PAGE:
20 Rook bit scrap (5)
PIECE – Triple definition.

21 Something ropy when savings account deposited in special wrapper (5)
SISAL – The abbreviation for an investment savings account goes inside (depositing in) the outer letters (wrapper) of special.

22 Find it stifling in South America? A lawyer gets new air conditioning working inside (8)
ANACONDA – The A from the clue and the abbreviation for District Attorney hold (gets…inside) the abbreviations for new and air-conditioning and a two letter word meaning working.

25 Put one’s foot in it and provoke beginning of riot internally (7)
STIRRUP – A phrase (4,2) for provide includes (internally) the first letter (beginning of) riot.

26 Repeat it time and time again before finishing practice (7)
ITERATE – The IT from the clue followed by a three letter word for a time or period and the abbreviation for time then the final letter (finishing) of practice.

27 Some Scots in kilts can’t swim apparently (4)
SINK – The answer is hidden (some) in SCOTS IN KILTS.

28 Stamp 1d with embargo (5,5) – 1d is a coin followed by a word meaning embargo.
PENNY BLACK

Down

1 Sound wine for fish (4)
CARP – Find a homophone for wine and then find a synonym of the homophone that means a fish.  This is a clue to a clue requiring the solver to go through too many steps to get to the answer.  Although this one is relatively clear, this type of clue to a clue is discouraged.  This would not work as a double definition either as you still have a clue to a clue.

2 Messy drain’s bottom (5)
NADIR – An anagram (messy) of DRAIN.

3 Read about in the French editorials (7)
LEADERS – An anagram (about) of READ goes inside the plural form of the French for the.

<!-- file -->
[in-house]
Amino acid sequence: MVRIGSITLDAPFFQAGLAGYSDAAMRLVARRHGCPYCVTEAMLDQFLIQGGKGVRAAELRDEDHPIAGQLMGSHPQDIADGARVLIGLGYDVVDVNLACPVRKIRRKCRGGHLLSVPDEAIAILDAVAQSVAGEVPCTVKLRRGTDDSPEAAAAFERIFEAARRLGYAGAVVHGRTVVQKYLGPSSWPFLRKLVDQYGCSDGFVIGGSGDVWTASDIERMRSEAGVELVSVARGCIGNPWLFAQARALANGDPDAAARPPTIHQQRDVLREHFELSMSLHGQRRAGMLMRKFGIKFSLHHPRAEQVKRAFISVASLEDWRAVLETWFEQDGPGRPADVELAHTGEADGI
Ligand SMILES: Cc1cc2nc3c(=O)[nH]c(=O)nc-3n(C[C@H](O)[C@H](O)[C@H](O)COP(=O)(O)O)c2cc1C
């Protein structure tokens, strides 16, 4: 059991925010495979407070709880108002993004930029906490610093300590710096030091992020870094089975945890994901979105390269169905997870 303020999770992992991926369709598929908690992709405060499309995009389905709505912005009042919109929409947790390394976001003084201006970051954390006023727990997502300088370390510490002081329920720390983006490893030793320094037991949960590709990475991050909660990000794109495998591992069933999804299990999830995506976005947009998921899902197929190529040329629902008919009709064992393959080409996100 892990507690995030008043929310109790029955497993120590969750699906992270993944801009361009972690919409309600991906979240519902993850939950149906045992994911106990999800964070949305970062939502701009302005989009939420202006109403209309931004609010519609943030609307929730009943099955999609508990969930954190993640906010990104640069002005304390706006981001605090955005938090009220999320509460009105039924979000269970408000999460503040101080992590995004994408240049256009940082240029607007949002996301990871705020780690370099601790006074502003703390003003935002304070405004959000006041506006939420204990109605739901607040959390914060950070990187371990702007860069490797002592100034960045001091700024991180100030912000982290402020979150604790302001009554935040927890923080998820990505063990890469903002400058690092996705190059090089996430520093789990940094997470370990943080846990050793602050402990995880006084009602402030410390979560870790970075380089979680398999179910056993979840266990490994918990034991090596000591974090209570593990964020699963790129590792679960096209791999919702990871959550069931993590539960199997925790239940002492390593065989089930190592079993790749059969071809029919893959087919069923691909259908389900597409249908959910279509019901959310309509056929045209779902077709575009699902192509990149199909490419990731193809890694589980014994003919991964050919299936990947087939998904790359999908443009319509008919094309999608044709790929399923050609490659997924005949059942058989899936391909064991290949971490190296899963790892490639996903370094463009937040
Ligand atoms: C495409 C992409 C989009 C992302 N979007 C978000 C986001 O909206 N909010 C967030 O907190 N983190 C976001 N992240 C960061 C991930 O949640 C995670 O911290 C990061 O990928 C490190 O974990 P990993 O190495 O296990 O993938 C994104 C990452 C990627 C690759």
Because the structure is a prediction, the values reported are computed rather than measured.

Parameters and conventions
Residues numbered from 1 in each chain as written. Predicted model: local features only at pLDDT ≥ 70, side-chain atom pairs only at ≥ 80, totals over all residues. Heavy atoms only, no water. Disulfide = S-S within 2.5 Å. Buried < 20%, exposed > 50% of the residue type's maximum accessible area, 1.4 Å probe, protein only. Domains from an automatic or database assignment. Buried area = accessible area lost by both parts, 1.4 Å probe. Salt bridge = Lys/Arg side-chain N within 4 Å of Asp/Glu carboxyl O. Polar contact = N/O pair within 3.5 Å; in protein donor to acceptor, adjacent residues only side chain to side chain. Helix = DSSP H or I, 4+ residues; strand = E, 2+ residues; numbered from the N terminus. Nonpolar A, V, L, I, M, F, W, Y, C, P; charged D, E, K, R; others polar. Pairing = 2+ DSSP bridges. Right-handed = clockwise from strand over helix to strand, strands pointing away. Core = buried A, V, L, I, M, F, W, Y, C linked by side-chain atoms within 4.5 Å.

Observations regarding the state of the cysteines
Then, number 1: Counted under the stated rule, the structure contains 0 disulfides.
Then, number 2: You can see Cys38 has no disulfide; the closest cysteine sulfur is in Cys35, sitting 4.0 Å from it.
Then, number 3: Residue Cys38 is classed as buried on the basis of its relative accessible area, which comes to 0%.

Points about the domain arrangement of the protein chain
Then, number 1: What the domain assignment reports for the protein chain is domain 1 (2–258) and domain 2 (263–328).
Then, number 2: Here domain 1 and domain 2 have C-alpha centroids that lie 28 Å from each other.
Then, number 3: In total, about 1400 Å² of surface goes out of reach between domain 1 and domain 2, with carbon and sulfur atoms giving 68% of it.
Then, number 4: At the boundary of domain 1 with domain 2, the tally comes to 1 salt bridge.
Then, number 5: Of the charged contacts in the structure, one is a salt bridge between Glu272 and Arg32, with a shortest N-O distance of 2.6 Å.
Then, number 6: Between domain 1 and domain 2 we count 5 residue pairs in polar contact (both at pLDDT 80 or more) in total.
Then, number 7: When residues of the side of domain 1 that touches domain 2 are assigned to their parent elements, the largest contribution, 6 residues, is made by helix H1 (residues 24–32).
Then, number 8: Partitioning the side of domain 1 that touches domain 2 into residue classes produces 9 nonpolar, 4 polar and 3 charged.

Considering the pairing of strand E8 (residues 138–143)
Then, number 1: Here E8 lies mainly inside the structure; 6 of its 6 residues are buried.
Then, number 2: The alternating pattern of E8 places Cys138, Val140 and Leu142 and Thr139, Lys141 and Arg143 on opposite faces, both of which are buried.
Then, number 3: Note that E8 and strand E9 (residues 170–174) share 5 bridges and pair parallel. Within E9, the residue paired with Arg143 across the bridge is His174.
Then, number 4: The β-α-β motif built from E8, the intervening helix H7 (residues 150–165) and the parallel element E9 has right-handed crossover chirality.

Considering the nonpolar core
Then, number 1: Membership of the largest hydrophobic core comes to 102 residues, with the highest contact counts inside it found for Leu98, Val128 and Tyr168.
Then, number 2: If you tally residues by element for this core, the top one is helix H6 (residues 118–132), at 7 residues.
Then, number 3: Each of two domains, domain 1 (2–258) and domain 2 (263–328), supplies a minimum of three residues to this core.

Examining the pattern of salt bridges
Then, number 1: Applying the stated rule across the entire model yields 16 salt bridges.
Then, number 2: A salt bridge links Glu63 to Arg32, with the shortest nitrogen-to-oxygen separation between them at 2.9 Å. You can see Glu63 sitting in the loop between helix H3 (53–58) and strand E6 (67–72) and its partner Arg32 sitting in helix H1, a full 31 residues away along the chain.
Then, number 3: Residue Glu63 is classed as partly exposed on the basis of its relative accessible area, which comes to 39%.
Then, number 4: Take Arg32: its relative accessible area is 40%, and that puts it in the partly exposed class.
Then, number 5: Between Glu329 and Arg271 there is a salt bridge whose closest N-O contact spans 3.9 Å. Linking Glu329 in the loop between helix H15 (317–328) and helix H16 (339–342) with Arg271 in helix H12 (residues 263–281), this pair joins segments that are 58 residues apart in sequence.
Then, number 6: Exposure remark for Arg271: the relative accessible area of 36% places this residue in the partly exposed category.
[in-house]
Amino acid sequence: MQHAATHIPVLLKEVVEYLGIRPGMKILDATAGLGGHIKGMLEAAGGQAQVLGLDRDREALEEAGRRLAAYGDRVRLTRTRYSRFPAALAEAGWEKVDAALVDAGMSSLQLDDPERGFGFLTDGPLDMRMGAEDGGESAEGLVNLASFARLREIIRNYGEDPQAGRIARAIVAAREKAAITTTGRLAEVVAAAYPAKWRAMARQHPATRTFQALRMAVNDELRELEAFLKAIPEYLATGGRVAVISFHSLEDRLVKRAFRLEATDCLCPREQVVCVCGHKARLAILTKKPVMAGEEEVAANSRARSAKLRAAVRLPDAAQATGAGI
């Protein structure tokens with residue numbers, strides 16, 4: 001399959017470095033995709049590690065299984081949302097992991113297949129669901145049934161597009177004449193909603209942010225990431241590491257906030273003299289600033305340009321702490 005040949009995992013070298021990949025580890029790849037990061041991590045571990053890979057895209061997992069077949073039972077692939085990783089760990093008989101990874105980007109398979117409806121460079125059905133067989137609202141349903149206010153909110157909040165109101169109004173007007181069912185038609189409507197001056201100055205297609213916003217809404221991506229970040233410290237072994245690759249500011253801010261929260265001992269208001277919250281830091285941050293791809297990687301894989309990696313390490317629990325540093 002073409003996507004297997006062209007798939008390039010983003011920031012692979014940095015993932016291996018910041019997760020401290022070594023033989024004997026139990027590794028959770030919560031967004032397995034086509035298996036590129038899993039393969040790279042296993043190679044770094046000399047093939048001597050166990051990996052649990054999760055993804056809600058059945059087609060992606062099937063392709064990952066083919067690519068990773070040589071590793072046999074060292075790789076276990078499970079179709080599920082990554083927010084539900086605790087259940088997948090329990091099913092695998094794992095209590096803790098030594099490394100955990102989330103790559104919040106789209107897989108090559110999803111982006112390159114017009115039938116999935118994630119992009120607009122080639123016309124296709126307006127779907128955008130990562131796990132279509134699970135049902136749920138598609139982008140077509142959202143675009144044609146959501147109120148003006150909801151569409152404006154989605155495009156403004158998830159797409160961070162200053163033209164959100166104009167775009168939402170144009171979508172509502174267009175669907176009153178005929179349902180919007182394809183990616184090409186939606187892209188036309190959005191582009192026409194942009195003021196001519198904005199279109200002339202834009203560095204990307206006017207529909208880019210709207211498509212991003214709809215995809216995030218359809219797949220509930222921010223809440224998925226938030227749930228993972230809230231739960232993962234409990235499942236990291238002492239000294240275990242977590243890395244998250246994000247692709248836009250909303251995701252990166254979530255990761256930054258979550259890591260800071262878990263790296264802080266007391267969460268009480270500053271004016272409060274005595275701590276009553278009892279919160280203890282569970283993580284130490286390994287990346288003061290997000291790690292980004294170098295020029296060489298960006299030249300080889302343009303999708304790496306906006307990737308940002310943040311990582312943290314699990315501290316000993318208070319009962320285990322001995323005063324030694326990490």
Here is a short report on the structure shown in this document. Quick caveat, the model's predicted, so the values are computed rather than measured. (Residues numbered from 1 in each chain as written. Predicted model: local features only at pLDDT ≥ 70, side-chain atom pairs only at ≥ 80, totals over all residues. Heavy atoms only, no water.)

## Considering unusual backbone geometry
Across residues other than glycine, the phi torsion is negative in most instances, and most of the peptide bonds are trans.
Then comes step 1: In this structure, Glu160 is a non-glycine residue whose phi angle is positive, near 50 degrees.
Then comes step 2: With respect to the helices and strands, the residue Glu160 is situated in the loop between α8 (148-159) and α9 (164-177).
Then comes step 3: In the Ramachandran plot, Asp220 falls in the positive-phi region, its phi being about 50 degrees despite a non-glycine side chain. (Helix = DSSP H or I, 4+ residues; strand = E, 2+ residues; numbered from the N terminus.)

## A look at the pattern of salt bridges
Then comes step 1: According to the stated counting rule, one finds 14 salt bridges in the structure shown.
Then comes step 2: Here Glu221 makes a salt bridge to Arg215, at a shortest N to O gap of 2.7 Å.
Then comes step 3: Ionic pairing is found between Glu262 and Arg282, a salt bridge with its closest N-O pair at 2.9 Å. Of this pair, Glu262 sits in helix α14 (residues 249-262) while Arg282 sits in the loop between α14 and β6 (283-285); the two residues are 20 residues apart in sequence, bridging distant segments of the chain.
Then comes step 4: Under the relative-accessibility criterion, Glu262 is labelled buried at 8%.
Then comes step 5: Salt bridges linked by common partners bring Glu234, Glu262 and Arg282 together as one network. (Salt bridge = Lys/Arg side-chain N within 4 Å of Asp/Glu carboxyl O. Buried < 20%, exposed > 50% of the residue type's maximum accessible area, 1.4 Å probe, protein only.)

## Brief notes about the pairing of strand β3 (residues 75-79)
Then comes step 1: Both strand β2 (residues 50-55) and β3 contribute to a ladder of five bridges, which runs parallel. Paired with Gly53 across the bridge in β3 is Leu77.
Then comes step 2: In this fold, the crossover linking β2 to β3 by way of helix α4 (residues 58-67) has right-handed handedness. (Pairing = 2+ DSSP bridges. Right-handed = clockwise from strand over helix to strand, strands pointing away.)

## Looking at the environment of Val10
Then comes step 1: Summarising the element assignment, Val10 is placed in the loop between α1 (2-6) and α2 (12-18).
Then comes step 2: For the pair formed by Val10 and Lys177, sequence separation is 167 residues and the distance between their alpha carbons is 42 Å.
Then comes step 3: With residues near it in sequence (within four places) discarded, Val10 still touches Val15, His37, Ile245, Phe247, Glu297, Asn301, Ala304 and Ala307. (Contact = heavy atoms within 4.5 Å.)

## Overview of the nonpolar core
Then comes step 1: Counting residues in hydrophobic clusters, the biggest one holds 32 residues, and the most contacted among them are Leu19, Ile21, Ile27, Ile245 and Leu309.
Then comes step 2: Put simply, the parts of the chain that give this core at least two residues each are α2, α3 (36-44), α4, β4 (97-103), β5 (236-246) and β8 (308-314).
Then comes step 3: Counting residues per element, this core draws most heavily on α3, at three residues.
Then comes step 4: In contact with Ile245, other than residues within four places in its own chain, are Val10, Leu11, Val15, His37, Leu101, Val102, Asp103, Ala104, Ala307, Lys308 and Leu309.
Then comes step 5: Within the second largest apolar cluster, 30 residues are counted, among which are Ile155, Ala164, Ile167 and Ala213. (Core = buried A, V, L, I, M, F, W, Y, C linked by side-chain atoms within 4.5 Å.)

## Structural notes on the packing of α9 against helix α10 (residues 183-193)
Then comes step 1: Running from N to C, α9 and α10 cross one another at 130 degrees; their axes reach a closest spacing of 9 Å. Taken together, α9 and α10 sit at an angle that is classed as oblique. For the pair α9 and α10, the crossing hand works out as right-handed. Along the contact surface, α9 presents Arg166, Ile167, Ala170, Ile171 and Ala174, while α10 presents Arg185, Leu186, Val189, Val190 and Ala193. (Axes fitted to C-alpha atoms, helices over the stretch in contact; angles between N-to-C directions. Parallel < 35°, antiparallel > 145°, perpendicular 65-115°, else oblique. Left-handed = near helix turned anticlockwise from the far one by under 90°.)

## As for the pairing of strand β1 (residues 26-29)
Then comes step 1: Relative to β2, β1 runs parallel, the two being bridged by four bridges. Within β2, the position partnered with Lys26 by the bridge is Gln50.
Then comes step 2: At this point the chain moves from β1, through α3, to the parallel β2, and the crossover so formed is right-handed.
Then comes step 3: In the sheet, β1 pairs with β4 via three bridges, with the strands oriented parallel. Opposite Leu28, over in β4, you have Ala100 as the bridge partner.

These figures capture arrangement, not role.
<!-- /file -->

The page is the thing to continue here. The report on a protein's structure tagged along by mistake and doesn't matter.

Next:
4 Playing game a lot exposed what I aim to do (3,1,4,7)
SET A GOOD EXAMPLE – An anagram (playing) (third in a row!) of GAME A LOT EXPOSED.

5 Winner starts to inch ahead over channel arriving at place good for coaching and training? (8,7)
VICTORIA STATION – A six letter word for a winner followed by the initial letters (starts to) of inch and ahead followed by another word for a TV channel.

7 Suggest mail posh ex (9)
POSTULATE – A four letter word for mail followed by the abbreviation for posh and a word meaning ex or deceased.

8 Rich pronounced completely cured (4-6)
WELL-HEELED – A homophone (pronounced) of well healed (completely cured).

9 Grenade launcher provides cover to disconcert sniper (6)
GUNMAN – The first letter (launcher) of grenade followed by a word meaning disconcert.

14 Dreams Santa is safe being teased without asking first (10)
FANTASISES – An anagram (being teased) of SANTA IS SAFE after removing a letter A (without asking first).  As there are several As in the anagram fodder, without one asking first would have been better.  Some editors would not allow first on its own to indicate an initial letter.